An empirical study on self-admitted technical debt in modern code review

Yutaro Kashiwa, Ryoma Nishikawa, Yasutaka Kamei, Masanari Kondo, Emad Shihab, Ryosuke Sato, Naoyasu Ubayashi

Research output: Contribution to journalArticlepeer-review

10 Citations (Scopus)


Technical debt is a sub-optimal state of development in projects. In particular, the type of technical debt incurred by developers themselves (e.g., comments that mean the implementation is imperfect and should be replaced with another implementation) is called self-admitted technical debt (SATD). In theory, technical debt should not be left for a long period because it accumulates more cost over time, making it more difficult to process. Accordingly, developers have traditionally conducted code reviews to find technical debt. In fact, we observe that many SATD comments are often introduced during modern code reviews (MCR) that are light-weight reviews with web applications. However, it is uncertain about the nature of SATD comments that are introduced in the review process: impact, frequency, characteristics, and triggers. Herein, this study empirically examines the relationship between SATD and MCR. Our case study of 156,372 review records from the Qt and OpenStack systems shows that (i) review records involving SATD are about 6%–7% less likely to be accepted by reviews than those without SATD; (ii) review records involving SATD tend to require two to three more revisions compared with those without SATD; (iii) 28–48% of SATD comments are introduced during code reviews; (iv) SATD during reviews works for communicating between authors and reviewers; and (v) 20% of the SATD comments are introduced due to reviewers’ requests.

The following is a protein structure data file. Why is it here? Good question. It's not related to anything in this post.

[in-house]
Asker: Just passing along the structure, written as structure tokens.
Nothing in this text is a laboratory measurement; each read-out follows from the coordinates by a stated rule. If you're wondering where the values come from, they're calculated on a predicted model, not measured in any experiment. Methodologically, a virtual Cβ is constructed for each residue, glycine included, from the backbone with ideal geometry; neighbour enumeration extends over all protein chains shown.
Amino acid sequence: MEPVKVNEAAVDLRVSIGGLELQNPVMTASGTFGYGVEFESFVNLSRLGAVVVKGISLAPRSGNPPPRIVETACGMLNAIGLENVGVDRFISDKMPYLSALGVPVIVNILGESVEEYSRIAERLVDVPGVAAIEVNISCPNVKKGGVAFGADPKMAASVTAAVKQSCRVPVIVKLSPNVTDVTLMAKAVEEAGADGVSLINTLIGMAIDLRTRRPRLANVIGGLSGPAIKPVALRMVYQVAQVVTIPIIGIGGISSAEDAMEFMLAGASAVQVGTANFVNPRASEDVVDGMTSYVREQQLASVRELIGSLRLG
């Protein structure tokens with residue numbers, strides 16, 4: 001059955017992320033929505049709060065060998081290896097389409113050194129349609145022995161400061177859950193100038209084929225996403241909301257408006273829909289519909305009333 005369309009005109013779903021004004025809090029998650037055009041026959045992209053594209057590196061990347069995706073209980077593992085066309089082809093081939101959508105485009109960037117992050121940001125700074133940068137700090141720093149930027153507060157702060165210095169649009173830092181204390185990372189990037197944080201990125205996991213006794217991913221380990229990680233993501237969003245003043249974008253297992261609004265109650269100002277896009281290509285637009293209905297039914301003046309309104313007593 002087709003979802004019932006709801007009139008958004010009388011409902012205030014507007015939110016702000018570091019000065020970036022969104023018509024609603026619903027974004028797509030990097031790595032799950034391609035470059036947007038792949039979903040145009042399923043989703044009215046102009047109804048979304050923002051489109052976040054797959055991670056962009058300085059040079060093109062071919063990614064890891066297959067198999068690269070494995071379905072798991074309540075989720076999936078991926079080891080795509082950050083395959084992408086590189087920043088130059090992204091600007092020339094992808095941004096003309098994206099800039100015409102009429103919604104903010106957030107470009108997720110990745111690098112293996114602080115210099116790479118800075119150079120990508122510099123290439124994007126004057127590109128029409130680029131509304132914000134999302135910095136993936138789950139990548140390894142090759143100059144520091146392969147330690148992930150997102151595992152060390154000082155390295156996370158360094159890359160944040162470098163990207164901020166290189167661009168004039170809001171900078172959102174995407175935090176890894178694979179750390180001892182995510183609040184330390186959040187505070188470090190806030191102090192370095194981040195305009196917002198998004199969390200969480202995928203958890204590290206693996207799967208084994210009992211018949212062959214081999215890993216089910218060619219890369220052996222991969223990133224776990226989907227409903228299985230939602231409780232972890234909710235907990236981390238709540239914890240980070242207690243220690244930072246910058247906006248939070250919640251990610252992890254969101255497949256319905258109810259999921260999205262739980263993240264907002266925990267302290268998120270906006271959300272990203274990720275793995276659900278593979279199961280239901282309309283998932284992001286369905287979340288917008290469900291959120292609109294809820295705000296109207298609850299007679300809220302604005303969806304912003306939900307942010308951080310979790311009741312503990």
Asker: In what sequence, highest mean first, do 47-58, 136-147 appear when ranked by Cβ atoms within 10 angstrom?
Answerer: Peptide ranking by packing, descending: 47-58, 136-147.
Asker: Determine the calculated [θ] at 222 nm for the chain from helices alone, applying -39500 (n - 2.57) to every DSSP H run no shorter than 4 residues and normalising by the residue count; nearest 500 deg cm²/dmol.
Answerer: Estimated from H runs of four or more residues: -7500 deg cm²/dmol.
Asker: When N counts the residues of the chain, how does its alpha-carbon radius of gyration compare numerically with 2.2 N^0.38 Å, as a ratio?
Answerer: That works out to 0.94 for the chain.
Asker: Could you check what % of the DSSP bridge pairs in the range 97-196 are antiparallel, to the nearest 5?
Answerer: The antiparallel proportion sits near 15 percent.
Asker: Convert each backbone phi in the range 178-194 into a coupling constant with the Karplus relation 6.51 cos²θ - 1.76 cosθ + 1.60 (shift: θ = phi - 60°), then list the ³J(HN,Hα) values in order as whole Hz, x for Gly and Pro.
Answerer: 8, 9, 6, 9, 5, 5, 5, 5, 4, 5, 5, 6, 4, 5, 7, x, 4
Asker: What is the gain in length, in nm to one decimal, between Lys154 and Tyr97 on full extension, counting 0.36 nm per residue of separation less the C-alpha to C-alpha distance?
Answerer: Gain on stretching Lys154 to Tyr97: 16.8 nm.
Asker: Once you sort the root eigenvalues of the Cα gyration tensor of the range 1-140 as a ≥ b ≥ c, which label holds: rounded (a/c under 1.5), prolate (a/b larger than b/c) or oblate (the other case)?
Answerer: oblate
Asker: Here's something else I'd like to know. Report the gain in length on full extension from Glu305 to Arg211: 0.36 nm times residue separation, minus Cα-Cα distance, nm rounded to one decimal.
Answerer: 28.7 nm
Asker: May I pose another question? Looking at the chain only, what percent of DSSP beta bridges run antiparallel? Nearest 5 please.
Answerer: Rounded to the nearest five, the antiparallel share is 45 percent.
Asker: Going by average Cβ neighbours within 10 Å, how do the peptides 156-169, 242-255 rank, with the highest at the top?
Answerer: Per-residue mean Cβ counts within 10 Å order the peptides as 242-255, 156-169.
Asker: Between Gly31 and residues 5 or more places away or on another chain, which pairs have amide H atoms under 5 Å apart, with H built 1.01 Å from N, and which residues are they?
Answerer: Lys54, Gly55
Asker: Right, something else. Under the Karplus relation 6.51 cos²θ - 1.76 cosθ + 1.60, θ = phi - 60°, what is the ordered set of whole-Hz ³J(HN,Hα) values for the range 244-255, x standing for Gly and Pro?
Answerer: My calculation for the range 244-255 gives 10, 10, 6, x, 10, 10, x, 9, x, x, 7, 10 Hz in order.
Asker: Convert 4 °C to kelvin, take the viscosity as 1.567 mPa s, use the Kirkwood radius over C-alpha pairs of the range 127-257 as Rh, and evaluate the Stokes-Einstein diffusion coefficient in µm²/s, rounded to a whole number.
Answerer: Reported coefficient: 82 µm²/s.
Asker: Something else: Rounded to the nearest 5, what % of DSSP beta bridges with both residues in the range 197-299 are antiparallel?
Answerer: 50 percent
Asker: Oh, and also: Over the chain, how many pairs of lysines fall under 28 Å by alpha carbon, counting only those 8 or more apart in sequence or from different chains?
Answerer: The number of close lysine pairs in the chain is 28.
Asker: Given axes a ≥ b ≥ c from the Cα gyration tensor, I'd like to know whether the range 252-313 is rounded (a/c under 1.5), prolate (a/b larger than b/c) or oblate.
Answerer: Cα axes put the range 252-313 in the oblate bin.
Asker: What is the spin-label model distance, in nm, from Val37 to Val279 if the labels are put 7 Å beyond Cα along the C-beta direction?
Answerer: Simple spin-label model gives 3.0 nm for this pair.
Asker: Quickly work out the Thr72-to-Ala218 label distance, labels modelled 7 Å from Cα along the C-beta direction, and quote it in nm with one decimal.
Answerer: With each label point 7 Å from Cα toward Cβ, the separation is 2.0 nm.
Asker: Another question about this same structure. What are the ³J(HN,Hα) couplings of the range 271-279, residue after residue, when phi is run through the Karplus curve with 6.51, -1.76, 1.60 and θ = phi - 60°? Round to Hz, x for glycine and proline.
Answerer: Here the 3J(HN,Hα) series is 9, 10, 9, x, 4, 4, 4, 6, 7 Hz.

Original languageEnglish
Article number106855
JournalInformation and Software Technology
Publication statusPublished - Jun 2022

All Science Journal Classification (ASJC) codes

  • Software
  • Information Systems
  • Computer Science Applications


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